Tuesday, February 28, 2017
JAPANESE VIOLATION OF THE HAGUE ABDUCTION CONVENTION
Jeremy D. Morley
The Osaka High Court has just issued a decision in a case under the Hague Convention on the Civil Aspects of International Child Abduction (the “Hague Convention”) that provides strong support for the claim that Japan does not comply with the terms of the treaty and that is, indeed, in violation of its treaty obligations.
It has not been possible until now to analyze the decisions of the Japanese courts in cases brought under the Hague Convention since they are unpublished and confidential. Such secrecy has precluded Japanese lawyers from reporting on specific cases, and has frustrated scrutiny of court decisions. However, the author has now obtained a copy of the shocking decision of the Osaka High Court in the case of Arimitsu v. Cook, issued on February 17, 2017.
This author has long asserted that the law by which Japan brought the Convention into Japanese law -- Act No. 48 of June 19, 2013, which is identified as the “Act for Implementation of the Convention on the Civil Aspects of International Child Abduction” (the “Implementing Act”) – contains provisions that inappropriately and excessively expand the so-called “grave risk exception” to the treaty. The author has also long expressed serious concerns that return orders issued by the Japanese courts would not be effectively enforced in Japan.
An analysis of the Arimitsu case indicates that the Hague Convention is unworkable in Japan under current laws and procedures and in light of the prevailing views there concerning child custody. The facts as follows: The U.S. father and Japanese mother were married in Minnesota in 1998. They had four children, all of whom were born and raised in Minnesota. In 2014, their mother took them to Japan and retained them there without the father’s consent. In August 2015, the father commenced a Hague Convention case in Japan for the return of his children to the United States. In October 2015 the Osaka Family Court ordered that only two of the four children should be returned. In January 2016, on appeal by the father, the Osaka High Court ruled that all four children must be returned. However, the return order was never implemented. Ultimately the father filed a petition seeking “direct enforcement” of the return order.
Finally, in September 2016 enforcement officers from the Nara District Court went to the place where the mother and family were living, purportedly in order to enforce the order. They failed to do so. Instead, they reported that the children had “strongly refused” to be returned to the U.S. After consulting with Japan’s Central Authority [i.e. the Ministry of Foreign Affairs of Japan, which is Japan’s designated “Central Authority” under the Convention], they declared that enforcement was not possible. Indeed, I am informed that the father attended the purported enforcement, was required to wait outside and was even then barred from seeing his children.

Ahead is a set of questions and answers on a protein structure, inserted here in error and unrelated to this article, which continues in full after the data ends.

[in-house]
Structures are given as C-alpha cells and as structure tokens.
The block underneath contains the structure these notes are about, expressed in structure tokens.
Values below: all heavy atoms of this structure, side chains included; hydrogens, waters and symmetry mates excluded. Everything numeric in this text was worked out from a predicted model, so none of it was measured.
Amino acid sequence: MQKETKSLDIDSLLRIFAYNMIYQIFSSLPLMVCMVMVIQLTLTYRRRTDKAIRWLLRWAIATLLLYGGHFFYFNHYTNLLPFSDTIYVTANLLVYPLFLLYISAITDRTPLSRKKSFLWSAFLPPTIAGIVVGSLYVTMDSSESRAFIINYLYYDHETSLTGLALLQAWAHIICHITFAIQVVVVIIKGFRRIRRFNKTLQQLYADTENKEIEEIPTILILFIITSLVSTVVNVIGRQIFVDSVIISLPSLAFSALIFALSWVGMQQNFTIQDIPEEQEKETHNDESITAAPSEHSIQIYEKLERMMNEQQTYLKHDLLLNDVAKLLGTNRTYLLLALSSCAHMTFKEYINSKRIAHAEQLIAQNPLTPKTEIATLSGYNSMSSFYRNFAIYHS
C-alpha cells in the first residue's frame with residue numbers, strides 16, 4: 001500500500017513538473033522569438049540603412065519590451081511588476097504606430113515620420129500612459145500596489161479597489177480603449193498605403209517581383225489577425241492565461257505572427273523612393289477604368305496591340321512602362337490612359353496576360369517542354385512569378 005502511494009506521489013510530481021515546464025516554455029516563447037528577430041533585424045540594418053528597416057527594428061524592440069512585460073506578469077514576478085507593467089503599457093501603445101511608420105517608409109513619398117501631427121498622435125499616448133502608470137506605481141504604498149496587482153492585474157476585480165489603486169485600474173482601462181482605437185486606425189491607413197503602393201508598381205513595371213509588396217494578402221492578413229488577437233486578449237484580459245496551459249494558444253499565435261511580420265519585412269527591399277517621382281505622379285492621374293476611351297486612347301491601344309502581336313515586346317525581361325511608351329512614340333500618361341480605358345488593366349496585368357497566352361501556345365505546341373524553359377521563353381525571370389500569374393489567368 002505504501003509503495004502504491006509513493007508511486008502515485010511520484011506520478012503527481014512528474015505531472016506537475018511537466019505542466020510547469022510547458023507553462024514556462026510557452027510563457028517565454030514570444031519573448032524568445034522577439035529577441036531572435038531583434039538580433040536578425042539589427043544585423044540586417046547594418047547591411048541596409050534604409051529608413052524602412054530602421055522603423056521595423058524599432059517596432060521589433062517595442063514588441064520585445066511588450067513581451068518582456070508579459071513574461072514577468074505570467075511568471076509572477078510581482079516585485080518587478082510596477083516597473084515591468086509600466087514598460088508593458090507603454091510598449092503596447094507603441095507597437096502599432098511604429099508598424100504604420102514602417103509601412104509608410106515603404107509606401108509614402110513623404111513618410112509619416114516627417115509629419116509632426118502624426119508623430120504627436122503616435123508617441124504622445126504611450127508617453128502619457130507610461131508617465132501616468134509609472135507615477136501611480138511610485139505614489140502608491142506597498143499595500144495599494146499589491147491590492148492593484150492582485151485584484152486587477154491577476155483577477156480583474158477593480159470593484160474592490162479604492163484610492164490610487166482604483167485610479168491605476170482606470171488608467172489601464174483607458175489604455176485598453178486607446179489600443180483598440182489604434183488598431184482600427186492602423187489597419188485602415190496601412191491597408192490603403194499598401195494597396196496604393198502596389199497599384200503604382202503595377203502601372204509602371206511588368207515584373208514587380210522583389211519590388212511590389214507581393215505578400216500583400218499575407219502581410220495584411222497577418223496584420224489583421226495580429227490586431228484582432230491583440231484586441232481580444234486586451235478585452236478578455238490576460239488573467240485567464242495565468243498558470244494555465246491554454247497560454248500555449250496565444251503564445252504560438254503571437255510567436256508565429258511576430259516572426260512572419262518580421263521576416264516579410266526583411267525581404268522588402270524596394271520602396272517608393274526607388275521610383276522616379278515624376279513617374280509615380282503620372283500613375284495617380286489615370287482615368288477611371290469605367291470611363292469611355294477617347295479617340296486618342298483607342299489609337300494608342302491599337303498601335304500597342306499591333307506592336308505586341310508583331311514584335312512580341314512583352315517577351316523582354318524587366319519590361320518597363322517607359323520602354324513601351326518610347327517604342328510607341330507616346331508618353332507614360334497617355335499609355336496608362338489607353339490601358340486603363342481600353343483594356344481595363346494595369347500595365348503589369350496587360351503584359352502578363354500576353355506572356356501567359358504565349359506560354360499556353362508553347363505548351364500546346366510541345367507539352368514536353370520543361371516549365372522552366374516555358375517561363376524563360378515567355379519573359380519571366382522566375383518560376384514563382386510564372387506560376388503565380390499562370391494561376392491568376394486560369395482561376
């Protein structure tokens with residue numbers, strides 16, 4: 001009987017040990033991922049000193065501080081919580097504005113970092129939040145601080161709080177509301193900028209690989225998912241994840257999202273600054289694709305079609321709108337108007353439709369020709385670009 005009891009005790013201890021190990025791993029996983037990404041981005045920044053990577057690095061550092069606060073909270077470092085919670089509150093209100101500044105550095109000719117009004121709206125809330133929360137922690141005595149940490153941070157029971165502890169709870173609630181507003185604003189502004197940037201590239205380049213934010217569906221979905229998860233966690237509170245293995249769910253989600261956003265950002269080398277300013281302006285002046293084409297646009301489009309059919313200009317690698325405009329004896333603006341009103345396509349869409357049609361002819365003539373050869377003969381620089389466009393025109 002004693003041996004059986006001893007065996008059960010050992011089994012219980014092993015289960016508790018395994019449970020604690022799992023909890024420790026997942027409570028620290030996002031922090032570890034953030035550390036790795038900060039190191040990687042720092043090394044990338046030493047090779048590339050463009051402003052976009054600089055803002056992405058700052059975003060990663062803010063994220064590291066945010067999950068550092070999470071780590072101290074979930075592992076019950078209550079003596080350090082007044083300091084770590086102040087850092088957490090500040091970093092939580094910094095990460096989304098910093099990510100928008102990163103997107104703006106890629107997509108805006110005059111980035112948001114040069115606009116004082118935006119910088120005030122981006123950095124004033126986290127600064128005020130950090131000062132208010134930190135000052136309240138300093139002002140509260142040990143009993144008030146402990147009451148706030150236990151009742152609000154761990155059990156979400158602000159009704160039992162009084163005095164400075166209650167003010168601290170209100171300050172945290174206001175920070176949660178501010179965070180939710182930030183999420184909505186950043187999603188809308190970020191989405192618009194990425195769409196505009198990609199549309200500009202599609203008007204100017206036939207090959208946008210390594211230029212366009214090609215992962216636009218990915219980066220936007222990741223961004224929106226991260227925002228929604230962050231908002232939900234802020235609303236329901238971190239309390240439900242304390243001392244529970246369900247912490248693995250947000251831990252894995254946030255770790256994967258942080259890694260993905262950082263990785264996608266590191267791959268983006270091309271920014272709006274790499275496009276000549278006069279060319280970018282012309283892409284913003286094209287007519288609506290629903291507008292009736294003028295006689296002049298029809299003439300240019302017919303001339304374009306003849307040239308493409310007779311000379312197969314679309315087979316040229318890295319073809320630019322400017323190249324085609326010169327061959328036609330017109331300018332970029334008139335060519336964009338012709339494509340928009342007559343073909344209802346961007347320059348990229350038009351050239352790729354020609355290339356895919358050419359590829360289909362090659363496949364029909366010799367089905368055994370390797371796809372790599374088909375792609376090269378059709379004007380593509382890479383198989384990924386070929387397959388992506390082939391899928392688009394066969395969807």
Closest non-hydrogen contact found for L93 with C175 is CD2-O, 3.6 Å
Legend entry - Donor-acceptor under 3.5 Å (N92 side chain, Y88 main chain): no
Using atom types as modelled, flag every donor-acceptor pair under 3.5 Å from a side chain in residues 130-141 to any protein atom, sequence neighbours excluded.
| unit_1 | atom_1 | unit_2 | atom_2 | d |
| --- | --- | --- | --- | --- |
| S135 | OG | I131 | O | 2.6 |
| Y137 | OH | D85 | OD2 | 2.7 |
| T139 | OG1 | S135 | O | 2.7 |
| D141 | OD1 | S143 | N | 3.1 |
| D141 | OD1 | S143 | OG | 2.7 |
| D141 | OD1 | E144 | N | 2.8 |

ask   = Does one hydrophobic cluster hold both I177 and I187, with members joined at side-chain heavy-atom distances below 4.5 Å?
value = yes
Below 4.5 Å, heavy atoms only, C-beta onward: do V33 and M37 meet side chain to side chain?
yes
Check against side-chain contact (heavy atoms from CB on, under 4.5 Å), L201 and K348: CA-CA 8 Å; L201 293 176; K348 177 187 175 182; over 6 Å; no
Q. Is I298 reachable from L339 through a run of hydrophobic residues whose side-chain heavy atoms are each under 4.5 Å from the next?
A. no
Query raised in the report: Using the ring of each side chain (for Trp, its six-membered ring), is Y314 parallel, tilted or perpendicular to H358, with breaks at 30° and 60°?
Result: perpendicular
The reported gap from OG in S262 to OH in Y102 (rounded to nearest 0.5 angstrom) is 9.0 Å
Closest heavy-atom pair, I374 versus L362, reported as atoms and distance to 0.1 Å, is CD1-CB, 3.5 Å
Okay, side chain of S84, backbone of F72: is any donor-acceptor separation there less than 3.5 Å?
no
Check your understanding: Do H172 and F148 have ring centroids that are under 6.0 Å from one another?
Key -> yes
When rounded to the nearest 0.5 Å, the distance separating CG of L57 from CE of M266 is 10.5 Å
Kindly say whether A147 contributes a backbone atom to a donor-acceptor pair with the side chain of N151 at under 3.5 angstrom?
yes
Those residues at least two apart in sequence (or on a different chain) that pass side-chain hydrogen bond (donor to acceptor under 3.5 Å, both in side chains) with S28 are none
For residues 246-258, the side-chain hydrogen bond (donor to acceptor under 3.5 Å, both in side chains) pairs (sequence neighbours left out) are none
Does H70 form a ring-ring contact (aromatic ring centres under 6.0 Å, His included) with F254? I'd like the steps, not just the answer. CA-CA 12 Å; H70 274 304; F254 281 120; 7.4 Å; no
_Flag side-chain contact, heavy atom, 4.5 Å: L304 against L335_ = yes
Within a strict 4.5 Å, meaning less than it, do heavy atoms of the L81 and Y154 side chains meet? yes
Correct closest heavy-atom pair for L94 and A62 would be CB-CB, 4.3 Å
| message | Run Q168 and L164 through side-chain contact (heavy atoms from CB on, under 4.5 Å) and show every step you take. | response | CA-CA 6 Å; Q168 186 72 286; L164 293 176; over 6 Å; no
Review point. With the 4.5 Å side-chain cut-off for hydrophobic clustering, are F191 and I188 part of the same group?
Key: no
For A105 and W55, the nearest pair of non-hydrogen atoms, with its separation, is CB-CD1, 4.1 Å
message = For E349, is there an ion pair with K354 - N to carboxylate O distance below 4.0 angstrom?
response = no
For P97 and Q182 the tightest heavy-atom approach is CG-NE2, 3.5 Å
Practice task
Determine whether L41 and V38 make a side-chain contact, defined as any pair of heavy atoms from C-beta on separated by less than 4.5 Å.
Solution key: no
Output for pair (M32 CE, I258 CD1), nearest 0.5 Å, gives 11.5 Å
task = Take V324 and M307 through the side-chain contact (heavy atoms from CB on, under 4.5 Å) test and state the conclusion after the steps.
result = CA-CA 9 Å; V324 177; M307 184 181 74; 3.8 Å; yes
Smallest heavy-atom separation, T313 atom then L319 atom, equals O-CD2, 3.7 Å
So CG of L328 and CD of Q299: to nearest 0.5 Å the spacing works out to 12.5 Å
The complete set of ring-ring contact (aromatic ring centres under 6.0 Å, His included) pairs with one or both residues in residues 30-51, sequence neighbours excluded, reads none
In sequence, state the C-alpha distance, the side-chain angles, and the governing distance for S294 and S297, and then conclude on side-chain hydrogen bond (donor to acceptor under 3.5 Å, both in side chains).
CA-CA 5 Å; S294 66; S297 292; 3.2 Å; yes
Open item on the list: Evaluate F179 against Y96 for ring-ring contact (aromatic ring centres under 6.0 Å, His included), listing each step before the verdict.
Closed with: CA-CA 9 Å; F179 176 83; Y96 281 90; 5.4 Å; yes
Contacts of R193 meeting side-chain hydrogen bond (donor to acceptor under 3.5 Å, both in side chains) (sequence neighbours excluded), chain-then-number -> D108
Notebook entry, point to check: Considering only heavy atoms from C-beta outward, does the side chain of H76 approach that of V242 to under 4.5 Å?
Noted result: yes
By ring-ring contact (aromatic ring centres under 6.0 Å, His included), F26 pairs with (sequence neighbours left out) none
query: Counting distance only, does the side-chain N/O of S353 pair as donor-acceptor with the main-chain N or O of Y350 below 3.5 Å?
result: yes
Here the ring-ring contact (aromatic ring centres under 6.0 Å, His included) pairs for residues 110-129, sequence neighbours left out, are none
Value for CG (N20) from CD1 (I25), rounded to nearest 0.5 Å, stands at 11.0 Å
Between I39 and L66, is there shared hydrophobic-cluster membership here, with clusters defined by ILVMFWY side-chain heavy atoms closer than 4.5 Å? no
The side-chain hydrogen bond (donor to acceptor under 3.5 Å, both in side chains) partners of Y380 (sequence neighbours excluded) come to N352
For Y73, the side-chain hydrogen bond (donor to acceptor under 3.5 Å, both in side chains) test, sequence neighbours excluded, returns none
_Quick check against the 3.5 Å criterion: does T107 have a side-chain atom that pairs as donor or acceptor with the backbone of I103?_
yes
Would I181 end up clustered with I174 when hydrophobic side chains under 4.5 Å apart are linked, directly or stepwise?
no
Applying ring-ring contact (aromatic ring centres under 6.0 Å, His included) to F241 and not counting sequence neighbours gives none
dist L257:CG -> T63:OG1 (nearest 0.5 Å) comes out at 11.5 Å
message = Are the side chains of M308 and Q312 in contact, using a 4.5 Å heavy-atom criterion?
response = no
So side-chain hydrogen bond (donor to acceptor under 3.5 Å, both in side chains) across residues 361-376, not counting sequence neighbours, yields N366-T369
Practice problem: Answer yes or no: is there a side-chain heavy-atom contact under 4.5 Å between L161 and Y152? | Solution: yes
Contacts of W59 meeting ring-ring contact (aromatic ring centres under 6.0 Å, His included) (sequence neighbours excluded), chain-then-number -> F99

The mother then petitioned the Osaka High Court to nullify the pending unenforced return order. She claimed that since the prior proceedings the father had lost his home in Minnesota through foreclosure and did not have the financial resources or family support to provide a stable environment for the children in Minnesota. The Osaka court accepted the mother’s argument. It ruled that “these situations fall within the grave risk of harm for the Children under Article 28 -1-4 by harming the Children physically or mentally and by placing the Children in the unbearable situation.”
I am informed that the father’s financial challenges were primarily caused by the enormous costs of the litigation that he had brought in an effort to secure the return of his abducted children, and that the legal fees and travel and related expenses had been greatly enhanced by the deficiencies and obstacles raised by the legal system in Japan, particularly including the requirement that he attend repeated and entirely fruitless mediation sessions in Japan.
The decision of the Osaka High Court to reverse its prior return order on the ground of so-called “grave risk” to the children on the theory that that the father had suffered financial reverses subsequent to the abduction serves merely to highlight the inherent deficiencies in the Japanese system concerning the Hague Convention. All such problems stem from the fact that there is no substantial public support in Japan for the idea that when parents separate they should each have a continuing role in parenting their children.
Japan signed the Convention in 2013 only because of international pressure from the United States and other countries, particularly after Christopher Savoie – one of my many clients whose children were abducted to Japan and never returned – was jailed in Japan when trying to return his children. There was considerable opposition to the treaty within Japan, driven primarily by a substantial concern that Japanese mothers might have to remain in a foreign country with their children after the breakdown of an international marriage, particularly if they had suffered abuse, had no social or governmental support or were in financial difficulty. I witnessed and participated in such debates directly, particularly at a seminar at the Japanese Ministry of Foreign Affairs and subsequently when questioned by Japanese Diet and Consular representatives in New York. Ultimately, a compromise was reached whereby Japan’s implementing legislation contained an extremely significant expansion to the grave risk exception.